(Infra)Structural Racism: Examining Social and Spatial Division in Road Networks. Elizabeth Roberto

Racism, discriminatory practices, institutional bias, and systematic exclusion can take lasting physical form in the built environment. There has been growing attention to the long-term consequences of housing policies and practices on social and economic outcomes, including racial segregation, but comparatively less attention to other aspects of the built environment, such as road networks and spatial connectivity. In this paper, we use a newly developed method that identifies missing road segments that we would expect to exist given the surrounding infrastructure. We find that unexpected disconnectivity in a city’s road network is associated with racial differences in nearby areas and contributes to higher levels of segregation at the local and city level. Our findings emphasize the power of the built environment and suggest that road net- works warrant more attention as a factor that may contribute to the persistence of segregation.

Panel Session 3: Measuring and Understanding Daily Life

Did the COVID-19 Pandemic Make it Worse? Working from Home and Affective Wellbeing at the Intersections of Parental Status and Occupation. Yue Qian and Wen Fan

The COVID-19 pandemic led to an unprecedented expansion of working from home. As millions of workers moved to remote work overnight, what happened to their affective well-being? Using data from the 2003–2021 American Time Use Survey, 2021 American Community Survey, 2021 Current Population Survey, and Oxford COVID-19 Government Response Tracker, we examine how workers’ affective well-being changed from pre-pandemic to the pandemic era and how this change varied at the intersection of work location, parental status, and occupational telecommutability. We find that the pandemic exacerbated negative affect for parents who were in less telecommutable occupations but found themselves working from home during the pandemic. This pandemic impact remained even after accounting for a wide array of sociodemographic, health, family, time use, and occupation-level characteristics. Additional analysis shows that the pandemic impact was more pronounced when school closing policies were more stringent, suggesting that rising difficulty balancing work and family demands during the pandemic was an important factor precipitating higher negative affect felt by remote-working parents in less telecommutable occupations. This study reveals the heterogeneous impacts of working from home on affective well-being. The results also highlight the negative implications of weak care infrastructures and workplace support for parental well-being.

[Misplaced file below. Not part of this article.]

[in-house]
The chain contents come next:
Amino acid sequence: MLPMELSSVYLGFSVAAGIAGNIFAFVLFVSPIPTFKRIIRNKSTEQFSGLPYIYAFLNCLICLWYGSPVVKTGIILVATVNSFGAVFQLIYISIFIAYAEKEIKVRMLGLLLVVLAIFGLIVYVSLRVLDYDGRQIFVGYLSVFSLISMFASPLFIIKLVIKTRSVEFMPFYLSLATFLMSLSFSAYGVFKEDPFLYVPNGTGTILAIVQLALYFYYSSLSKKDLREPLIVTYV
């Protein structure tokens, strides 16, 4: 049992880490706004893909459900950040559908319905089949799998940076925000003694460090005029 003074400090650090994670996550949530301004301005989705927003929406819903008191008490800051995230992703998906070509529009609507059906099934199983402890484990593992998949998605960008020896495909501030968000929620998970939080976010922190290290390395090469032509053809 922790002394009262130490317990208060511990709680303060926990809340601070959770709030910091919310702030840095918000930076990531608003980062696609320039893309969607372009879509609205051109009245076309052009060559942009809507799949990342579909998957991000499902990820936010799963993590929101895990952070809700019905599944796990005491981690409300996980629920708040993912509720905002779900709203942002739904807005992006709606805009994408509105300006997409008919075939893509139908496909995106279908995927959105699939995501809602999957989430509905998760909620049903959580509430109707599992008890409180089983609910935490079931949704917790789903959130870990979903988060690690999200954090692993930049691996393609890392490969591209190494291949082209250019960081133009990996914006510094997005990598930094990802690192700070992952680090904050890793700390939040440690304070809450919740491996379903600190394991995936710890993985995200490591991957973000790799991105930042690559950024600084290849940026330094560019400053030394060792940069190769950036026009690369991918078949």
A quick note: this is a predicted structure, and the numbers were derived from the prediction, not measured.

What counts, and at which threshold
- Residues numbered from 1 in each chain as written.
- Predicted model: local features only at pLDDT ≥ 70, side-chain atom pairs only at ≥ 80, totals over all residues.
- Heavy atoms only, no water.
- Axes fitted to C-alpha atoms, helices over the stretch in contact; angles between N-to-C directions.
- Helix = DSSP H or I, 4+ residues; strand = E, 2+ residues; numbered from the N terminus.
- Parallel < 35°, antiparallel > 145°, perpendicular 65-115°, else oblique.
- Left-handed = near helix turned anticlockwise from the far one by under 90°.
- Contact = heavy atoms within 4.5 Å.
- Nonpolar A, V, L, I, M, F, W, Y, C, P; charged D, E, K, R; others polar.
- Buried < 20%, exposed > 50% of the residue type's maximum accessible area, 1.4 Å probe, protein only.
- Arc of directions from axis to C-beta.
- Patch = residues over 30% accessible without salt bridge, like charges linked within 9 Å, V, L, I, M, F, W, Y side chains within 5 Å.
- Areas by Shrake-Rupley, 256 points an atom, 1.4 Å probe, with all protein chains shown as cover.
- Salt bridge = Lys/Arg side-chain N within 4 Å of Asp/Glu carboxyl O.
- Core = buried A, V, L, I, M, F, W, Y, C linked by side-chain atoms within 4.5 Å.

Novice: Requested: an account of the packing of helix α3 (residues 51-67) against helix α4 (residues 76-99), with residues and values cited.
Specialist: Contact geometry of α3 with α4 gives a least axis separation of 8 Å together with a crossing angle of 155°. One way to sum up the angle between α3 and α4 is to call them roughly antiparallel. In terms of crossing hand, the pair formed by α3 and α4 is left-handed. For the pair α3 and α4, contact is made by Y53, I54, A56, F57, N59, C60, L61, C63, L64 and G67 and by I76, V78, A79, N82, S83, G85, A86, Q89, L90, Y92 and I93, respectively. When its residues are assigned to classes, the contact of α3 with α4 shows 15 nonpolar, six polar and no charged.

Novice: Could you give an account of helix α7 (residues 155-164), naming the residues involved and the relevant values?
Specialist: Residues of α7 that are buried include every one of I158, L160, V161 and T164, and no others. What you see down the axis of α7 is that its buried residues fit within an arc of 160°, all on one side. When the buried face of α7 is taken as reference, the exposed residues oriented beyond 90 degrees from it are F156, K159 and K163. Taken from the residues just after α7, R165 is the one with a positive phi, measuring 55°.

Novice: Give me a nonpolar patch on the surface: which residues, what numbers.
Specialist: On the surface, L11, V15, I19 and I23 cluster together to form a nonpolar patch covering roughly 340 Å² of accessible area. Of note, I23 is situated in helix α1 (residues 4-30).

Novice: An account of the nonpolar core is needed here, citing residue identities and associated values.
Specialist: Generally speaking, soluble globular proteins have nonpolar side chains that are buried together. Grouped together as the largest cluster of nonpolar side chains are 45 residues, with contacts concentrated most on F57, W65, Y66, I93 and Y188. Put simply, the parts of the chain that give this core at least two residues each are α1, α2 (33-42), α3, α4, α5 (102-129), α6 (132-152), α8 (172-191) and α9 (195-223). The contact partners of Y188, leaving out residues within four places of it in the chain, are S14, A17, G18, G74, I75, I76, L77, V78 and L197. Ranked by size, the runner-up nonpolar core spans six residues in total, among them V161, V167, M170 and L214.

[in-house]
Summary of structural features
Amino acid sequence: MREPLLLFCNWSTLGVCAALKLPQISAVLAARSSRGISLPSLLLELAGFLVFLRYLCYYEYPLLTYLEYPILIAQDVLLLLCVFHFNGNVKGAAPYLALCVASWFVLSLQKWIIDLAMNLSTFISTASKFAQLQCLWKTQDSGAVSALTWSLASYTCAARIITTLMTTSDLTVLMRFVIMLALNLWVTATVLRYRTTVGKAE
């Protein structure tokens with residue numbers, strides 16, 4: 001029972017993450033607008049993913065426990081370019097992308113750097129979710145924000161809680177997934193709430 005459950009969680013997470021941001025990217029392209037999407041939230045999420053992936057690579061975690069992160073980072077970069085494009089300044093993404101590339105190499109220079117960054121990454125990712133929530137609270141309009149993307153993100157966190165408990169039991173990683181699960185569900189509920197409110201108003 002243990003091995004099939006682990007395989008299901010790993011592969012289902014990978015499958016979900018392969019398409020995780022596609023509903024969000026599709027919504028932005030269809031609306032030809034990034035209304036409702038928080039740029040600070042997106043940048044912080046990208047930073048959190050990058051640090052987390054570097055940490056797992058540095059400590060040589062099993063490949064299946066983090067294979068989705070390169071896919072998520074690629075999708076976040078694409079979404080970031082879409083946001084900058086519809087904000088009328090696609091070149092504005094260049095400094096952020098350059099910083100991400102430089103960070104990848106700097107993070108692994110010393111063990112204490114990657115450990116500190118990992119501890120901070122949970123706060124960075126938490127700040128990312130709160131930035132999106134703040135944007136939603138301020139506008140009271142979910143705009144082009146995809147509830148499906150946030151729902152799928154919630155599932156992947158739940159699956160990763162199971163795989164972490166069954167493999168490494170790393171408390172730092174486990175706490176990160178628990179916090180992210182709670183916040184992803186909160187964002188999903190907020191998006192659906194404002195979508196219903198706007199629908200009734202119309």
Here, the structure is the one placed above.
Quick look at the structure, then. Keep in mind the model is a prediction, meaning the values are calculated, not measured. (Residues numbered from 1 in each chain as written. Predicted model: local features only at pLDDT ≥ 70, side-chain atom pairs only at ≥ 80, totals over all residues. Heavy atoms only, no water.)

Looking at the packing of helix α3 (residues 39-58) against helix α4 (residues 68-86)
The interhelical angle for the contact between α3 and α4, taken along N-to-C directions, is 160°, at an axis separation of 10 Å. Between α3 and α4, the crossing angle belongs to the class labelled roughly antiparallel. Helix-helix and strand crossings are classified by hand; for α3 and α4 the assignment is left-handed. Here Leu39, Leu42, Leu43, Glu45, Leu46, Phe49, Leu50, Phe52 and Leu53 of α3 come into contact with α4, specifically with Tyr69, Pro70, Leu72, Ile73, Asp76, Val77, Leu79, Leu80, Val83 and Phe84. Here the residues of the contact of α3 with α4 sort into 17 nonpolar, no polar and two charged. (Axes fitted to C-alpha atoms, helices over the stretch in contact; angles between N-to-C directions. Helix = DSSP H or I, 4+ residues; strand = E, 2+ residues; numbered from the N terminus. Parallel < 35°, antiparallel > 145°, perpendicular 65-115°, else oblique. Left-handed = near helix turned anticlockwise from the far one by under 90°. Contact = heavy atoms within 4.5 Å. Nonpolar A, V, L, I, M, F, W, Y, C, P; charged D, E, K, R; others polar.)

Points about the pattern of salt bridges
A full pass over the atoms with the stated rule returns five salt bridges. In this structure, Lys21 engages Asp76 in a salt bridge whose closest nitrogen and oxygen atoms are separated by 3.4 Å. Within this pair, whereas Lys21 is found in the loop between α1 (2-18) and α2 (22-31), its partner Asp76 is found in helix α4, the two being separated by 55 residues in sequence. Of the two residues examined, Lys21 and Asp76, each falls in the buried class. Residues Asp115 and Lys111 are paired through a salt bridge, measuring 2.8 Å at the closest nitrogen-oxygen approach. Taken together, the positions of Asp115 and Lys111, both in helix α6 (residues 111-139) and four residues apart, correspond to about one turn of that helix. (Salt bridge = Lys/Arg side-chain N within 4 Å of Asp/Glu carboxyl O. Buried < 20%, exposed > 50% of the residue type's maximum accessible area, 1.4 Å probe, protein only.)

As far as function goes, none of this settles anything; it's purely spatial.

From Data to Dreams: IPUMS and the Study of Rapidly Changing Sleep Trends. Connor Sheehan

Sleep is increasingly understood to shape human behaviors, well-being, and longevity.  However, sleeping patterns are also influenced by external social factors. Accordingly, as society changes, it is important to systematically analyze alterations in population-level sleeping patterns. Using data from the 2004-2018 National Health Interview Survey, harmonized and prepared by IPUMS, I delineate to two concerning trends regarding the sleeping patterns of American adults. First, American adults are reporting worse sleeping patterns, a trend that began abruptly in 2013. Notably, this decline in sleep was especially concentrated among People of Color. Second, my findings reveal that cohorts now entering midlife, when compared to their older counterparts, are reporting both shorter sleep durations and poorer sleep quality. In the face of ongoing societal transformations, researchers leveraging the capabilities of IPUMS will be well-prepared to comprehensively chronicle secular changes in sleep patterns, and their increasingly complex explanations.

The Mismeasurement of Work Time and Its Implications for Wage Discrimination and Inequality. Daniel S. Hamermesh and George Borjas

A comparison of the measures of work time available in the CPS-ASEC data file (based on recall) with contemporaneous measures reveals many logical inconsistencies and probable errors. About 8 percent of ASEC respondents report weeks worked last year that are inconsistent with their work histories in the Basic monthly interviews, with the error rate rising to over 50 percent for those who move in and out of the workforce across the monthly interviews. Similarly, 22 percent give contradictory information about whether they usually work a full-time weekly schedule (35 or more hours per week). The errors are not random: They differ by gender and race, and group error rates change differently over time. The measurement issues suggest rethinking how wages changed from 1978 to 2018. After adjusting for the measurement errors, we find that the gender and male black-white wage gaps among all workers narrowed by about 4 log points more than is commonly reported, and that inequality decreased by 4 log points more. The biases produced by recall error also exist in measures of the gender wage gap and residual inequality among full-time year-round workers. Using a more carefully defined sample of workers with this employment status shows that gender wage differentials have been slightly smaller than previously estimated, as has residual wage inequality.

Toxified to the Bone: Early-Life and Childhood Exposure to Lead and Men’s Old-Age Mortality. Jason Fletcher and Hamid Noghanibehambari